Just For Today | June 20 | Meditation for Beginners

“For some, prayer is asking for God’s help; meditation is listening for God’s answer…. Quieting the mind through meditation brings an inner peace that brings us into contact with the God within us.”
Basic Text, pages 44-45

The Journey of Meditation

“Be patient when you’re learning to meditate,” many of us were told. “It takes practice to know what to ‘listen for.'” We’re glad someone told us that, or many of us would have quit after a week or two of meditating. For the first few weeks, we may have sat each morning, stilled our thoughts, and “listened” just as the Basic Text said—but “heard” nothing.

Starting a meditation practice can be challenging, especially for those new to the concept. The initial silence can feel intimidating and the lack of immediate results discouraging. However, understanding that meditation is a gradual process helps us stay committed.

The Subtle Shifts

It may have taken a few more weeks before anything really happened. Even then, what happened was often barely noticeable. We were rising from our morning meditations feeling just a little better about our lives, a little more empathy for those we encountered during the day, and a little more in touch with our Higher Power.

For most of us, there was nothing dramatic in that awareness—no bolts of lightning or claps of thunder. Instead, it was something quietly powerful. This gradual shift can be hard to recognize at first but becomes more apparent over time.

Signs of Progress in Meditation:

  1. Improved mood: Feeling slightly happier and more content.
  2. Increased empathy: Greater understanding and compassion for others.
  3. Heightened awareness: A subtle sense of being more in tune with oneself and the world.

Creating a Clear Space

We were taking time to get our egos and our ideas out of the way. In that clear space, we were improving our conscious contact with the source of our daily recovery, the God of our understanding. Meditation was new, and it took time and practice. But, like all the steps, it worked—when we worked it.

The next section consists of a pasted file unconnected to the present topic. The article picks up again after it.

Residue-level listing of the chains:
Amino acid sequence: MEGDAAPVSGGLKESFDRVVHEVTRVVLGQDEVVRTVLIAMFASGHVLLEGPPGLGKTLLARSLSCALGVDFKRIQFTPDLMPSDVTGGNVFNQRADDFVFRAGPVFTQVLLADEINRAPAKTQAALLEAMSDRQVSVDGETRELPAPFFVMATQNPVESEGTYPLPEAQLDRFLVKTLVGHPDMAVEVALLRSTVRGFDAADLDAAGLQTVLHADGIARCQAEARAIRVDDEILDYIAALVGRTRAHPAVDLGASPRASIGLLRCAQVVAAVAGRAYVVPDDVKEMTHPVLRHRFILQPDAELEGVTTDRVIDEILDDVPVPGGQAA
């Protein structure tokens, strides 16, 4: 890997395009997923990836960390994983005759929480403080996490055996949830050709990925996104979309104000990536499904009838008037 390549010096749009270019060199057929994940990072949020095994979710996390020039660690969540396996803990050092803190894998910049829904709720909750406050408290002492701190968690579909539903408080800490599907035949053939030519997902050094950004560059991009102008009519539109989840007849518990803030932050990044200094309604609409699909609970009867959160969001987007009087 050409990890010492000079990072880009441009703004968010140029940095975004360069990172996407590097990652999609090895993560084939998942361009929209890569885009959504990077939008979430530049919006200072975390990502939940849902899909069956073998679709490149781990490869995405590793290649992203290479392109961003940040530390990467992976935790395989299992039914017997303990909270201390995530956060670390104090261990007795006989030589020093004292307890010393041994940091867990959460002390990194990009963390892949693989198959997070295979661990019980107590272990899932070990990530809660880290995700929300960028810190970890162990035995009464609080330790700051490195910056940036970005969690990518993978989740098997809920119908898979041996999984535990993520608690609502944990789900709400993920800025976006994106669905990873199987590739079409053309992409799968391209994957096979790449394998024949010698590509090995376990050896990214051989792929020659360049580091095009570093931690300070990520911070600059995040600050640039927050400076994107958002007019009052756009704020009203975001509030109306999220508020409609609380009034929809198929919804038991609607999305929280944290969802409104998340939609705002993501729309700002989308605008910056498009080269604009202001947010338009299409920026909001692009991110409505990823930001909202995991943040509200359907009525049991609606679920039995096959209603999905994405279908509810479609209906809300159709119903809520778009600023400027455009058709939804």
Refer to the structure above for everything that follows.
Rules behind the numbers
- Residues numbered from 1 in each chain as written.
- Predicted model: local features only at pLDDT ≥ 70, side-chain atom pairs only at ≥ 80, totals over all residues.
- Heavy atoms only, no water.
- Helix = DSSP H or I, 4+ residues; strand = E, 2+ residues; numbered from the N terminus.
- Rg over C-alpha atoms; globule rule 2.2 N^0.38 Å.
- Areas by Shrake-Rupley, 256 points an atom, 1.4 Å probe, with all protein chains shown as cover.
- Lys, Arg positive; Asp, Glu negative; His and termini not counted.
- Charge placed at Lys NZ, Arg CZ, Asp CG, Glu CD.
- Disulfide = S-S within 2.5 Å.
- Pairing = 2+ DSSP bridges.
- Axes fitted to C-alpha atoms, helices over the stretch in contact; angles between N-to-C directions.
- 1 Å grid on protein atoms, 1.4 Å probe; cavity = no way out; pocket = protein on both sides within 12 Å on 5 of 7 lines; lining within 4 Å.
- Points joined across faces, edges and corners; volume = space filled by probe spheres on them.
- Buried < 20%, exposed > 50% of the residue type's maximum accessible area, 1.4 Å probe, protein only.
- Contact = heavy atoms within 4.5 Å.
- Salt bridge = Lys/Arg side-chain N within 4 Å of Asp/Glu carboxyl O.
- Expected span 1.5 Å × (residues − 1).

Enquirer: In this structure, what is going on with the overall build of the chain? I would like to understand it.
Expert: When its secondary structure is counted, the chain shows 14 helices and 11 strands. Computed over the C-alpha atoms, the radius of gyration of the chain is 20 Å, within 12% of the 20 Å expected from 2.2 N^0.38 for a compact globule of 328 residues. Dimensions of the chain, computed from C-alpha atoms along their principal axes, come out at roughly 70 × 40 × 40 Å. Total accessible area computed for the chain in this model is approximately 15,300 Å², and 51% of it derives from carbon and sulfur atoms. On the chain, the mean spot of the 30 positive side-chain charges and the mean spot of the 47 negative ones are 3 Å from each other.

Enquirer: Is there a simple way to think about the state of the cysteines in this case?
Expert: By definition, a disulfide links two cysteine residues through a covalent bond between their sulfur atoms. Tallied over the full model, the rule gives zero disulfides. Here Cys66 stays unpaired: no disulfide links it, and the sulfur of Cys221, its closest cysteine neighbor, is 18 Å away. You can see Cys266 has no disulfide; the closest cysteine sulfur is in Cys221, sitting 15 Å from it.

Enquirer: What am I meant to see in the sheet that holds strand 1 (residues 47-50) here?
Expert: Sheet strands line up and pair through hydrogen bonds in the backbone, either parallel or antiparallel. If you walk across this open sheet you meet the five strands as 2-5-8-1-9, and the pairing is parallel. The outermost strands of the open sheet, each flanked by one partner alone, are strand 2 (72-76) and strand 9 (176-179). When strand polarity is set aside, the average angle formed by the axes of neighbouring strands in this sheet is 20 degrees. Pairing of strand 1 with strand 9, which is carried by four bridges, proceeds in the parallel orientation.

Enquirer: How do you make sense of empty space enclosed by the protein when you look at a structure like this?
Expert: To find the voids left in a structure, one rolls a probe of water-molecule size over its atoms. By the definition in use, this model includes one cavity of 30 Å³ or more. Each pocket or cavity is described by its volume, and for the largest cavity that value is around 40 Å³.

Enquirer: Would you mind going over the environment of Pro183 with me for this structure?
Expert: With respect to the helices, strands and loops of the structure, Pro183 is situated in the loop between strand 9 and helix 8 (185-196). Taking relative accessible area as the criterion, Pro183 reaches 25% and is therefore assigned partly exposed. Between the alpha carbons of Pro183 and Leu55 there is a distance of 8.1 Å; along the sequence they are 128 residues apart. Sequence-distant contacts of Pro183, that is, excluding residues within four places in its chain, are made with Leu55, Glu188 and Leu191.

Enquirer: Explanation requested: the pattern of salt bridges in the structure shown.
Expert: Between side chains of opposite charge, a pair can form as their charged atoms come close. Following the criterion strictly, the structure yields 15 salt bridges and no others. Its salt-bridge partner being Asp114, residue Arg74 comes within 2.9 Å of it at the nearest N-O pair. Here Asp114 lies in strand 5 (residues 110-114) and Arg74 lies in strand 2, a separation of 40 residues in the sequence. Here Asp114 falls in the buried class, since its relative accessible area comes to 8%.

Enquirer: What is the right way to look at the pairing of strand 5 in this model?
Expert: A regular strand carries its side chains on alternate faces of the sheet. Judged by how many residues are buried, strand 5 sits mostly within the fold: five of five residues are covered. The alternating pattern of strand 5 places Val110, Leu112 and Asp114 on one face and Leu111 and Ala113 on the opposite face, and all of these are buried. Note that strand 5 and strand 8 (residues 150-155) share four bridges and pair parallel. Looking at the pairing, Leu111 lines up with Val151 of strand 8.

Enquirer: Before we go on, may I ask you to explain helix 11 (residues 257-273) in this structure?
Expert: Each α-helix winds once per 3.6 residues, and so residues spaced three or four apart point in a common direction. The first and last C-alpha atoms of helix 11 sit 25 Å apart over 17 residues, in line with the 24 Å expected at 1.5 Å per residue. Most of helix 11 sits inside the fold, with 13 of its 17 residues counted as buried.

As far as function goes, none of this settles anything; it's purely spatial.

Meditation is about creating space within ourselves where we can connect with our inner wisdom and the Higher Power. This space allows us to receive guidance and support that might otherwise be drowned out by the noise of daily life.

Tips for Effective Meditation:

  • Set a routine: Meditate at the same time each day to build a habit.
  • Start small: Begin with just a few minutes and gradually increase the duration.
  • Find a quiet spot: Choose a peaceful place where you won’t be disturbed.

The Practice of Listening

“Just for today: I will practice ‘listening’ for knowledge of God’s will for me, even if I don’t know what to ‘listen’ for yet.”

Meditation is not about achieving a specific state or receiving clear answers right away. It’s about being open and patient, allowing insights to come in their own time. This practice of listening helps us tune into subtle cues and inner wisdom that guide us on our recovery journey.

Developing Patience in Meditation:

  1. Be gentle with yourself: Accept that progress may be slow and non-linear.
  2. Stay curious: Approach each session with a sense of exploration and openness.
  3. Celebrate small victories: Acknowledge even the slightest signs of progress.

Just for Today

“Just for today: I will practice ‘listening’ for knowledge of God’s will for me, even if I don’t know what to ‘listen’ for yet.”

This daily meditation encourages us to persist with our meditation practice, even when the benefits aren’t immediately obvious. By continuing to “listen” and create that inner space, we open ourselves to a deeper connection with our Higher Power and a more profound understanding of our path.

Actionable Steps

To make meditation a consistent part of your recovery routine, consider these steps:

  1. Commit to a daily practice: Set aside a specific time each day for meditation.
  2. Use guided meditations: Explore apps or recordings that can help you focus and stay on track.
  3. Join a meditation group: Connect with others who can offer support and encouragement.

By incorporating these practices, you can deepen your meditation experience and enhance your recovery journey.


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